The process of getting superpowers is the process of converting IoT data into actionable insights, and using those insights to reduce risk through prevention and mitigation of claim events. As the powers grow, so do the benefits to insurance customers and providers. Insurers can also increase the pace of  customer interaction. It is the growth in the number of interactions produces more data points, and the same data is used to prevent or mitigate risk, while driving the sale of additional services outside the traditional insurance value chain. Remote monitoring and emergency alert services also provide peace-of-mind to the customer. These are only the start of additional services. Insurance companies are now selling a matrix of other services layered on top of the base policy. The income of

23

Jul

IoT: the catalyst for better risk management in insurance

Thought leader Matteo Carbone has titled his book All the Insurance Players Will Be Insurtech. He means that insurance companies that embrace digital transformation and technologies will lead the industry. Those technologies include the Internet of Things (IoT), Artificial Intelligence (AI), Machine Learning (ML), and Big Data. Carbone believes that the use of new technologies gives insurers “superpowers” to assess risk more accurately, manage risk continually, and mitigate risk in real-time.

The process of getting superpowers is the process of converting IoT data into actionable insights, and using those insights to reduce risk through prevention and mitigation of claim events. As the powers grow, so do the benefits to insurance customers and providers. Insurers can also increase the pace of  customer interaction. It is the growth in the number of interactions produces more data points, and the same data is used to prevent or mitigate risk, while driving the sale of additional services outside the traditional insurance value chain. Remote monitoring and emergency alert services also provide peace-of-mind to the customer. These are only the start of additional services. Insurance companies are now selling a matrix of other services layered on top of the base policy. The income of

18

Jul

Getting started with IoT: how to connect, secure, and manage your “things”

The Internet of Things (IoT) is one of the go-to solutions for executives looking for more and better insights about their business. Collectively, IoT is made up of a network of devices and sensors, otherwise known as things, which connect to a company’s network and the cloud by various means. These devices generate data about the organization and its operations, and stream it to data stores and apps where it can be analyzed and acted upon. The resulting insights enable organizations to take action in response to something that has already happened, or which is expected to.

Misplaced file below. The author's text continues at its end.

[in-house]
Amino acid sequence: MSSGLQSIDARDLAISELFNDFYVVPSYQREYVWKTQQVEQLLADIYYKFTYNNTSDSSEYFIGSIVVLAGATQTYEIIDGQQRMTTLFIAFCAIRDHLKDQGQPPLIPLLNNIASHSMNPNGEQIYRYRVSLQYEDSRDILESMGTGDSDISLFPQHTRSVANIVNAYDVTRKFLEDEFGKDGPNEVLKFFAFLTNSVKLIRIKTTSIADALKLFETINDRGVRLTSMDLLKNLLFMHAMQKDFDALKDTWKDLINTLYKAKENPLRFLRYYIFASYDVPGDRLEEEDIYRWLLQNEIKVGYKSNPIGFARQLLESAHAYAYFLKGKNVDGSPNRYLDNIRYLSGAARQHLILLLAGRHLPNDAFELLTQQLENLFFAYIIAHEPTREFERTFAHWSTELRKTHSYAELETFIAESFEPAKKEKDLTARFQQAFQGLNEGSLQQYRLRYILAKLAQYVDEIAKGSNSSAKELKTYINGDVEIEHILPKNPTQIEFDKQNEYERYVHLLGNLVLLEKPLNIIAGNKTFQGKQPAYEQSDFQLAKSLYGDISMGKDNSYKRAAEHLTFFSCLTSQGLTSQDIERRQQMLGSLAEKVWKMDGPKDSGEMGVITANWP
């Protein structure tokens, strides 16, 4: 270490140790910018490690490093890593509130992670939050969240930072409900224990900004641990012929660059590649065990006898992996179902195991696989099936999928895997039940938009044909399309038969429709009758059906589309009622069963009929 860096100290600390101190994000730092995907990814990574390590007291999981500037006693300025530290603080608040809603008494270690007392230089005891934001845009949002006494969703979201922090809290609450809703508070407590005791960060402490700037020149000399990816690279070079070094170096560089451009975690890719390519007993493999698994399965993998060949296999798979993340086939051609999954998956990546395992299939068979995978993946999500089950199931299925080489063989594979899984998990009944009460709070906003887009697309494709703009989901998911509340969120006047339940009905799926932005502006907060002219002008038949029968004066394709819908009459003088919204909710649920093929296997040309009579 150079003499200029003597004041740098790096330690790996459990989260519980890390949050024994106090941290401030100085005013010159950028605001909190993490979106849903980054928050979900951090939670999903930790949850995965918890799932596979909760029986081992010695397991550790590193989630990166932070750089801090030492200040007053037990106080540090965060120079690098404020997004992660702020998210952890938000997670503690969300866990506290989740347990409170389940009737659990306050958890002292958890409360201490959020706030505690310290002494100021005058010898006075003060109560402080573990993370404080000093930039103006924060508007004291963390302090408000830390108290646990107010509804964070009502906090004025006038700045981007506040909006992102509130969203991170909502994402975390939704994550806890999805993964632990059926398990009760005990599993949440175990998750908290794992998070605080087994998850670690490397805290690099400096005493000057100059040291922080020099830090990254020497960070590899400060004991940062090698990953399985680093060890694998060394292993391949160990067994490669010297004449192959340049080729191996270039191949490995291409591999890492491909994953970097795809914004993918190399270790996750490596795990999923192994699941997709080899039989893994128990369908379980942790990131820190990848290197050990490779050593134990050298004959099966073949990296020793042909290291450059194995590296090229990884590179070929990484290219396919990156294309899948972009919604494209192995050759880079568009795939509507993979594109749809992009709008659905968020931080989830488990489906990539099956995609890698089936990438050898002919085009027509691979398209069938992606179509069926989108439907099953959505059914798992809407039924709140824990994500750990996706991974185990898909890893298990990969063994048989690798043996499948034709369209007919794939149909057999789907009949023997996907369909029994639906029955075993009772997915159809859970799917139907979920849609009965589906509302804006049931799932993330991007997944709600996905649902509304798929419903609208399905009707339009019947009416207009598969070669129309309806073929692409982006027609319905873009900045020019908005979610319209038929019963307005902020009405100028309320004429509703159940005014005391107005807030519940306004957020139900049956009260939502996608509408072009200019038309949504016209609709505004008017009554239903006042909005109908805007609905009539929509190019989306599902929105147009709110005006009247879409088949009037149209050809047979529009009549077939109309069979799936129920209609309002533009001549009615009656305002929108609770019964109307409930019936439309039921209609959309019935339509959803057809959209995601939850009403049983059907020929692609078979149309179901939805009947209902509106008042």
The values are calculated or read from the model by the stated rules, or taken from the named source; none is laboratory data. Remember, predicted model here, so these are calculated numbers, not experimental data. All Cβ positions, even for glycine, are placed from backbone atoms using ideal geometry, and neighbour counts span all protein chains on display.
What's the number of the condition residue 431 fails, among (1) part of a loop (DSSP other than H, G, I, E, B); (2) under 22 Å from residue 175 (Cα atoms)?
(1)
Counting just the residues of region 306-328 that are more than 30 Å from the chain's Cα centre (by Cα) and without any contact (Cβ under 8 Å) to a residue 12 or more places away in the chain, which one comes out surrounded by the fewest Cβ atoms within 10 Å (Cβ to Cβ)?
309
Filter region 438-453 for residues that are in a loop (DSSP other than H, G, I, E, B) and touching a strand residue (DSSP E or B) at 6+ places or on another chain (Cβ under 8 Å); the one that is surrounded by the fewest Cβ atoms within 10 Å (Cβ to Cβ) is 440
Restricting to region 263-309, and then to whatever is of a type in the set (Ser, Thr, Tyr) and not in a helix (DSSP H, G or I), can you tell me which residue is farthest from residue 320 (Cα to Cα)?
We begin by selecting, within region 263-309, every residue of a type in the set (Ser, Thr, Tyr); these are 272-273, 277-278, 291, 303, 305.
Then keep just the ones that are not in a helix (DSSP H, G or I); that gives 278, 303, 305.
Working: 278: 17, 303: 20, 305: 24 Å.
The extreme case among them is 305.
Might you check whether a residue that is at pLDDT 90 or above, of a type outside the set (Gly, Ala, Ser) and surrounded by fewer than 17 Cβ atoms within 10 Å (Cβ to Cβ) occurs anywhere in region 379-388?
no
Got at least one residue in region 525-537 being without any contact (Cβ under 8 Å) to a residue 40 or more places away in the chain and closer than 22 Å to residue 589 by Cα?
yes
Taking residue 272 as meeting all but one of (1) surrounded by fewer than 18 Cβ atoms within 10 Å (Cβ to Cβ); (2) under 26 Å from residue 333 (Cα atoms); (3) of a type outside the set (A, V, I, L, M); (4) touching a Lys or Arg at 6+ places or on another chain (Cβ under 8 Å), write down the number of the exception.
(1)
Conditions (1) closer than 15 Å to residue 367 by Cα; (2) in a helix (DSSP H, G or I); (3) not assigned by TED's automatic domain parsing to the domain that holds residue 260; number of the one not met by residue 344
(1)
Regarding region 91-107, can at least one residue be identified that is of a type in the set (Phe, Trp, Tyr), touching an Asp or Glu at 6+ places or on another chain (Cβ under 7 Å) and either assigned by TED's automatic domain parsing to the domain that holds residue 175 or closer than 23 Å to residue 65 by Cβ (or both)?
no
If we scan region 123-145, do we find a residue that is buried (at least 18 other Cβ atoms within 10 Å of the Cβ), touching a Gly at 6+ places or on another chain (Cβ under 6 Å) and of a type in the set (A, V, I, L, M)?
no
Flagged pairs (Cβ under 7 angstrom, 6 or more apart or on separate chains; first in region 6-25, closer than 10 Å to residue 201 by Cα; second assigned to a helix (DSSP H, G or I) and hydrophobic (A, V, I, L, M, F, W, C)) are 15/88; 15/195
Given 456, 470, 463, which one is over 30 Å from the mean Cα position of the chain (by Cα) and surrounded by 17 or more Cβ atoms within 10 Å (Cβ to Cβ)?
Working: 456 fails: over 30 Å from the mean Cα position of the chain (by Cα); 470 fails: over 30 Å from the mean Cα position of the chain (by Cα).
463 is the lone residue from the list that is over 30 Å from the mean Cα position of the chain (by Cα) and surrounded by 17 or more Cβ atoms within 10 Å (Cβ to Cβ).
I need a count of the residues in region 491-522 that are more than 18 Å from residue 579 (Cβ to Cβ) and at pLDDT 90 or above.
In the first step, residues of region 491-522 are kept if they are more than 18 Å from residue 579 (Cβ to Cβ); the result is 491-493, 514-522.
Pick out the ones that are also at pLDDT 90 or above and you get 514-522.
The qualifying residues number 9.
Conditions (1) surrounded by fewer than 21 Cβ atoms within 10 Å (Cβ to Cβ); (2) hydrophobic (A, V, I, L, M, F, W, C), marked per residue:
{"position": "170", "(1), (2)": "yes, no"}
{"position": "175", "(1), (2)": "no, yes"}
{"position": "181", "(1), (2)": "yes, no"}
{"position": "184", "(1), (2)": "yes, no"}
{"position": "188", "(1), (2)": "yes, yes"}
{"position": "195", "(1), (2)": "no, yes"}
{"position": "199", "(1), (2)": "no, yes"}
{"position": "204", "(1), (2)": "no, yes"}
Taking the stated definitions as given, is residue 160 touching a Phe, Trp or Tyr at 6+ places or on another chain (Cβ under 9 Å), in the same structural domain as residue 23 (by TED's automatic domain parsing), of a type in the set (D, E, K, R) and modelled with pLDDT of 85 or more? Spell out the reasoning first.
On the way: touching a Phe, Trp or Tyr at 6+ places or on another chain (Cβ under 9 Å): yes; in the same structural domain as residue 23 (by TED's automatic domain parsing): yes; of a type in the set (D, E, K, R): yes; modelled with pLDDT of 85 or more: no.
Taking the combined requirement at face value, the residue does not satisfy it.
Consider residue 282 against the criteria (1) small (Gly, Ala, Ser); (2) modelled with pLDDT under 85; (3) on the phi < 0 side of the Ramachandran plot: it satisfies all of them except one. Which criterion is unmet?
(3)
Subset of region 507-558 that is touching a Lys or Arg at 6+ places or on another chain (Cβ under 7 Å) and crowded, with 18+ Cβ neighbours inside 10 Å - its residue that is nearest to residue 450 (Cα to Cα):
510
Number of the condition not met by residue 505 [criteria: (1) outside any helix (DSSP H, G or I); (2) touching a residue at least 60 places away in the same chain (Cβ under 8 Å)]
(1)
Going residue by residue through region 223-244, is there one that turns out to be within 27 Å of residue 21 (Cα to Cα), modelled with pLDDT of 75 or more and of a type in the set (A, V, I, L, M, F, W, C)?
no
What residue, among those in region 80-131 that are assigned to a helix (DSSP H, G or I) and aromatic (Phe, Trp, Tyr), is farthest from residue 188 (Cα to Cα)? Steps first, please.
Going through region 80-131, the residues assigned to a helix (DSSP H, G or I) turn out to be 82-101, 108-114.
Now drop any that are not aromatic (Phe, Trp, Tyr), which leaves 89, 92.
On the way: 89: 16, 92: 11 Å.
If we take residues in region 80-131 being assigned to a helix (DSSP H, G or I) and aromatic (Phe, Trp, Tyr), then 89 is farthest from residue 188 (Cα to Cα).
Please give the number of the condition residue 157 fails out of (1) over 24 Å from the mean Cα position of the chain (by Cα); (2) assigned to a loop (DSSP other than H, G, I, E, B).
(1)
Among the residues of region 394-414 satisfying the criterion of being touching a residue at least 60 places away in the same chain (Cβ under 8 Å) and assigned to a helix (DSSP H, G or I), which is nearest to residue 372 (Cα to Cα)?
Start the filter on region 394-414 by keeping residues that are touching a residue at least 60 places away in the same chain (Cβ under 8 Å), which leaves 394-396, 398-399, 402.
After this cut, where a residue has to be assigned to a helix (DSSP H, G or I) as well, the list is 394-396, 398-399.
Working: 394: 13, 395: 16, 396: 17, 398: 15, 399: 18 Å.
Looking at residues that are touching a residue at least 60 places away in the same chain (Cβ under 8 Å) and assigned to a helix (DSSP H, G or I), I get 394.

But the value of the data an IoT solution generates depends largely on how effectively you deploy and manage the devices. In addition to their breadth of form factors (from an incredibly small footprint to the size of a manufacturing assembly line), devices also have numerous capabilities and can be controlled at a minute scale. Once installed, they’re designed to perform their jobs without having to be physically touched again. Some operating characteristics may include:

Automatic operation Limited power Limited connectivity Difficult to access Only accessible through the backend Susceptible to being tampered with by the public Managed by special protocols

To help

18

Jul

Getting started with IoT: how to connect, secure, and manage your “things”

The Internet of Things (IoT) is one of the go-to solutions for executives looking for more and better insights about their business. Collectively, IoT is made up of a network of devices and sensors, otherwise known as things, which connect to a company’s network and the cloud by various means. These devices generate data about the organization and its operations, and stream it to data stores and apps where it can be analyzed and acted upon. The resulting insights enable organizations to take action in response to something that has already happened, or which is expected to.

But the value of the data an IoT solution generates depends largely on how effectively you deploy and manage the devices. In addition to their breadth of form factors (from an incredibly small footprint to the size of a manufacturing assembly line), devices also have numerous capabilities and can be controlled at a minute scale. Once installed, they’re designed to perform their jobs without having to be physically touched again. Some operating characteristics may include:

Automatic operation Limited power Limited connectivity Difficult to access Only accessible through the backend Susceptible to being tampered with by the public Managed by special protocols

To help